The biggest FDD-related changes that franchisors should anticipate in 2019.
Each spring, franchisors are given the opportunity to make a few changes to their franchise disclosure document, impacting their entire franchise system. So, what’s expected to change in 2019? 1851 connected with two prominent franchise legal players to find out.
Having worked at Manning Fulton for more than two decades, Ritchie Taylor has watched the industry change drastically, including witnessing the evolution FDD into what it is today. Similarly, Marisa Faunce started working in franchise litigation immediately out of college for PlaveKoch. She stayed in litigation for five years before gradually moving over into corporate work. Now, she represents franchisors on the transactional side and is also a trademark attorney.
With nearly 50 years of combined industry knowledge, the two shared their thoughts on the top five FDD trends they expect to see in 2019.
More Detailed Item 19s
Thanks to the internet, franchisees are much more knowledgeable than they were 20 years ago. Information about a brand is exponentially easier for a potential candidate to find, meaning franchisors have to add an extra layer of protection to ensure they’re keeping up with societal demands.
“Franchisees have become more sophisticated,” Taylor said. “They want to know how the brand performs in the marketplace before they agree to sign on. Because of this, franchisors have become comfortable providing their Item 19. Franchisors need to understand that their financial performance is not a liability, it’s actually protecting them. I expect to see franchisors implementing a more detailed Item 19 this year.”
Disclosing Detailed Franchise Fees
Franchise fees are the initial payments that a franchisee makes to a franchisor when joining the system. Previously, franchisors could include these franchise fees in their overall revenue. However, beginning this year, franchisors will have to begin recognizing their revenue under new rules.
“If you’re a franchisor, reach out to your accounting firm and review the revenue recognition policy when it comes to your initial franchise fees,” Faunce said. “Make sure that you include services like site selection and training, and that you have looked at your FDD closely to recognize those upfront costs. Many franchisors loop in their accounting firms, but only when they’re in the final review process. This year especially, they need to ensure that they’re including their accounting teams much earlier in the process.”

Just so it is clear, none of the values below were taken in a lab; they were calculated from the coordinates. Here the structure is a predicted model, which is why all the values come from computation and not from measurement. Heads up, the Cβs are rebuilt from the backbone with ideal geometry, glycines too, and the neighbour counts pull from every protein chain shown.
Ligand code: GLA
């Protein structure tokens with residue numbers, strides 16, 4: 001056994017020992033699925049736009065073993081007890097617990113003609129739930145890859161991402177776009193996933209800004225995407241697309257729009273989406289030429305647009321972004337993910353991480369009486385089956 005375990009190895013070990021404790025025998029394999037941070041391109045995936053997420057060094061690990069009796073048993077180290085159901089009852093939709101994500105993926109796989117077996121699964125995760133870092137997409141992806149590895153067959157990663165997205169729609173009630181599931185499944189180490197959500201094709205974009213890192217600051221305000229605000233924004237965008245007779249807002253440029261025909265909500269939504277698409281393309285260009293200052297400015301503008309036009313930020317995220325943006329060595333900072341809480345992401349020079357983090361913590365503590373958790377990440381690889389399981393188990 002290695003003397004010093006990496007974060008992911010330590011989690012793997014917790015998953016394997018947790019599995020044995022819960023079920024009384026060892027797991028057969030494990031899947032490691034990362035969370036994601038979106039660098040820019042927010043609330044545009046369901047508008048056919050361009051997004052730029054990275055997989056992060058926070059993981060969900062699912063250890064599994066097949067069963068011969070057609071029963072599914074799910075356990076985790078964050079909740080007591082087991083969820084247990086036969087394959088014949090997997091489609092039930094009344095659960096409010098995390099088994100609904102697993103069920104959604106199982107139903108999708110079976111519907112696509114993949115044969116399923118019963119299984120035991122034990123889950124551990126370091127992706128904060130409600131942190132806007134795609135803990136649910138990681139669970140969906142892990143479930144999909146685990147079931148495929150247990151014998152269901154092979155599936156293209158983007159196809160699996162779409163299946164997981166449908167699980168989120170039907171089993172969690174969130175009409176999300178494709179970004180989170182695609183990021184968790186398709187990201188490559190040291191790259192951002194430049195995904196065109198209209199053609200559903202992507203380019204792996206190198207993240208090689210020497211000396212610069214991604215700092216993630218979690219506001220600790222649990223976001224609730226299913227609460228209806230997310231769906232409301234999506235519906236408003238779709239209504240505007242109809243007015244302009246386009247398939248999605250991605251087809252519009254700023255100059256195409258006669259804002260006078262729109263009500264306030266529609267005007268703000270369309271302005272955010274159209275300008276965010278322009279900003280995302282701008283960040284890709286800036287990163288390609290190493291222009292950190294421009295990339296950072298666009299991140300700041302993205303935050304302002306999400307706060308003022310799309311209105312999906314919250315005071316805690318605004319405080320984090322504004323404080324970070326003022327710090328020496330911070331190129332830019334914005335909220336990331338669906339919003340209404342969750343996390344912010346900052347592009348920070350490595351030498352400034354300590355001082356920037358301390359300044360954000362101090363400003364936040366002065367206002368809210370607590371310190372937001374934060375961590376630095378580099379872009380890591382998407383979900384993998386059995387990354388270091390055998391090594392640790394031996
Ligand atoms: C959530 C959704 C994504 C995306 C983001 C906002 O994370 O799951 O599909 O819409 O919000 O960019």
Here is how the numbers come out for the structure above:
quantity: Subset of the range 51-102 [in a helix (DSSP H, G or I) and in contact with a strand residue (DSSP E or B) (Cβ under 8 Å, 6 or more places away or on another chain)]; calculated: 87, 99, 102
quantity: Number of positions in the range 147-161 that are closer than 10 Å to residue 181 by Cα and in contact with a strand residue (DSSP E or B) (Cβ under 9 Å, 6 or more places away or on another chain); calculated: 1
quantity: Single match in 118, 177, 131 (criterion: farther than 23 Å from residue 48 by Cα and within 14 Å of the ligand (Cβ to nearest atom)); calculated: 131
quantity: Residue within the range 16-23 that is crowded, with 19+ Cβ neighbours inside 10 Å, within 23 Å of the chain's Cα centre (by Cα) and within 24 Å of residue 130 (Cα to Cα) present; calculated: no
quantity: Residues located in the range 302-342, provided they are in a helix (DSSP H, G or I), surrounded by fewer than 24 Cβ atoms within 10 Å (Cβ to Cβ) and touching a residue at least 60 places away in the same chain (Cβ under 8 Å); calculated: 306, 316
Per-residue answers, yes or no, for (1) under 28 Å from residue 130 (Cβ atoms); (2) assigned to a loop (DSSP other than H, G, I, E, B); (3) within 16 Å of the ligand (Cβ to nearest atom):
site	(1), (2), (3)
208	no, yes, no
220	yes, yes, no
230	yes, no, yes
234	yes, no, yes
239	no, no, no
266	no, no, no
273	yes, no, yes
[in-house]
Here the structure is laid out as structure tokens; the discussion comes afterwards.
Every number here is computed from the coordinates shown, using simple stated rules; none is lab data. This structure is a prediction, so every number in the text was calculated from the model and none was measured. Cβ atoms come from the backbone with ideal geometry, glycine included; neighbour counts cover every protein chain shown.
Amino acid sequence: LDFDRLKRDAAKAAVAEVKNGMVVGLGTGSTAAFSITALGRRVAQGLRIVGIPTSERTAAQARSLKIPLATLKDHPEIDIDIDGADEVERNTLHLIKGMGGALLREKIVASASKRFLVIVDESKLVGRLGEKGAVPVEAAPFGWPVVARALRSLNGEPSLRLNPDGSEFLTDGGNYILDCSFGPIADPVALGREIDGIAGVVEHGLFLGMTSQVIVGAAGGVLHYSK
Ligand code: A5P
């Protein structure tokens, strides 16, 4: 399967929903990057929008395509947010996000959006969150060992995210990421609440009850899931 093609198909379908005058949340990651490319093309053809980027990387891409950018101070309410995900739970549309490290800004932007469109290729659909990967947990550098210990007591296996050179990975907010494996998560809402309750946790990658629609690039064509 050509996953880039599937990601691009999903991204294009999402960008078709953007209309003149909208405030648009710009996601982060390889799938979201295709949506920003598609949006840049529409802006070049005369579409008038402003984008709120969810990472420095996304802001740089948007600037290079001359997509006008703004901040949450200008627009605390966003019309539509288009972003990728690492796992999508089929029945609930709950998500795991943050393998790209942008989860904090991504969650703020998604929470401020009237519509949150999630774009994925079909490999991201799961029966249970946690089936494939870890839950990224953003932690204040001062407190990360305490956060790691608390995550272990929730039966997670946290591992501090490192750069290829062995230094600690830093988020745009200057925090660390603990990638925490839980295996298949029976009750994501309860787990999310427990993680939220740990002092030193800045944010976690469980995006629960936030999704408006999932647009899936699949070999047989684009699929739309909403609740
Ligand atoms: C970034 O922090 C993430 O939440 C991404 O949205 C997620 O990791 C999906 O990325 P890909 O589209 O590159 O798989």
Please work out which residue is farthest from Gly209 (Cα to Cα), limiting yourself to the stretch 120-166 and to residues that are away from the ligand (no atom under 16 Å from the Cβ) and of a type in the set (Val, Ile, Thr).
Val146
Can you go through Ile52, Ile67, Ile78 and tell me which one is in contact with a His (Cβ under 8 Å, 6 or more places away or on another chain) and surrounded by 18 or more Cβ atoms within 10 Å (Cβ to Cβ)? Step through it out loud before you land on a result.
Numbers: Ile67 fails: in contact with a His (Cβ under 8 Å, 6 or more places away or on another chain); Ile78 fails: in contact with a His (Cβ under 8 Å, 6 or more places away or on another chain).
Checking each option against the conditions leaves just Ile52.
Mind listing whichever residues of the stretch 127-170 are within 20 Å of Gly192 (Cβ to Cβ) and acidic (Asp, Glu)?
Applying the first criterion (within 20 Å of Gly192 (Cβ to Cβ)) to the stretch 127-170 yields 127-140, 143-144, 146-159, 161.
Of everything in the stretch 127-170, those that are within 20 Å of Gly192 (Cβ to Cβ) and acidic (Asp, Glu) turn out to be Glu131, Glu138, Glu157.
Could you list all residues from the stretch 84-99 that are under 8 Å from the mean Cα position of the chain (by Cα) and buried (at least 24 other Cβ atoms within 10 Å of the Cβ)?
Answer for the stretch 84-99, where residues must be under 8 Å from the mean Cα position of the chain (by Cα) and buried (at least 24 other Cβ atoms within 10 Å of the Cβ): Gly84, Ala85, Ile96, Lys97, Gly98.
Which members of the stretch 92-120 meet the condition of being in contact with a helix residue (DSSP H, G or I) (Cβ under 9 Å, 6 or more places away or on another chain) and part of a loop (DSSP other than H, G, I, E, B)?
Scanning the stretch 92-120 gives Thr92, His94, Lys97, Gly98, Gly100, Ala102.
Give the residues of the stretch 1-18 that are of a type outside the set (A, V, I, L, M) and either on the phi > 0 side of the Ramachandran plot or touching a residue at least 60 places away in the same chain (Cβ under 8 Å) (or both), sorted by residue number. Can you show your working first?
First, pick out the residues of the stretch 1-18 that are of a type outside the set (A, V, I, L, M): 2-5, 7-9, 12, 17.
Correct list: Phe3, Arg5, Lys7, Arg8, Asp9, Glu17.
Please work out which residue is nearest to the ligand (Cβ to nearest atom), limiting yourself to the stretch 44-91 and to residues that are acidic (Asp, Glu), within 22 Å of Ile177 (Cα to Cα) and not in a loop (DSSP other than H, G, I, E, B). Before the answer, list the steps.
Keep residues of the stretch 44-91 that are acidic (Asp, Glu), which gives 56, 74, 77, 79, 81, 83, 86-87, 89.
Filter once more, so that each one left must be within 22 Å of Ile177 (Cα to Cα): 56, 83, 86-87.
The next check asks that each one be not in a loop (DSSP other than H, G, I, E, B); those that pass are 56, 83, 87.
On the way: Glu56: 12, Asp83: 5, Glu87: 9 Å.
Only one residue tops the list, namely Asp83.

The Addition of Social Media Requirements
Another change Taylor anticipates in FDDs comes in response to the evolution of social media and the increased importance of a brand’s online presence.
“We’re continuing to see franchisors back away from social media because while they want to have a presence, it’s hard to control,” he said. “As a result, a lot of franchisors have tried to control their entire system’s social media presence from corporate headquarters. Instead of relying solely on the corporate team to protect a brand’s image, franchisors need to start providing franchisees with social media guidelines so that there’s consistency. In 2019, brands are trying to look at value-added services, like social media, and factoring that fee into the FDD.”
Increased Scrutiny Regarding Anti-Poaching Clauses
Over the last year, anti-poaching clauses have been a hot topic. These clauses forbid franchisees from hiring workers from another franchisee within the same system. While the goal of anti-poaching clauses, according to the IFA, is to protect those who have trained the workers, others see it as the brand’s way of pigeonholing its employees and reducing their chances at getting a better title or higher wage.
“In the last year, we’ve seen a push by several states to hold franchisors accountable for anti-poaching clauses in their franchise agreements,” Faunce said. “Some states’ attorneys general feel like that’s anti-competitive behavior. Franchisors and franchisees should start carefully looking at anti-poaching clauses and have a serious discussion with their attorneys to discuss their options.”
Higher Data Security Standards
Data breaches are one of the quickest ways for a brand to scar its reputation with consumers. The moment a consumer falls victim to an attack or feels their information has been put at risk, they’re unlikely to return. Because of this, it’s vital for franchisors to protect themselves.
“There’s been a lot of media coverage on data breaches and data privacy lately,” Faunce said. “As a franchisor, this would be a good time to look at your FDD to review PCI compliance policies and data security, and even consider hiring outside cybersecurity experts. With the Starwood data breach that just happened in the last year, among others, this factor has been top of mind for franchisors and is something that they should really consider looking at closely this year.”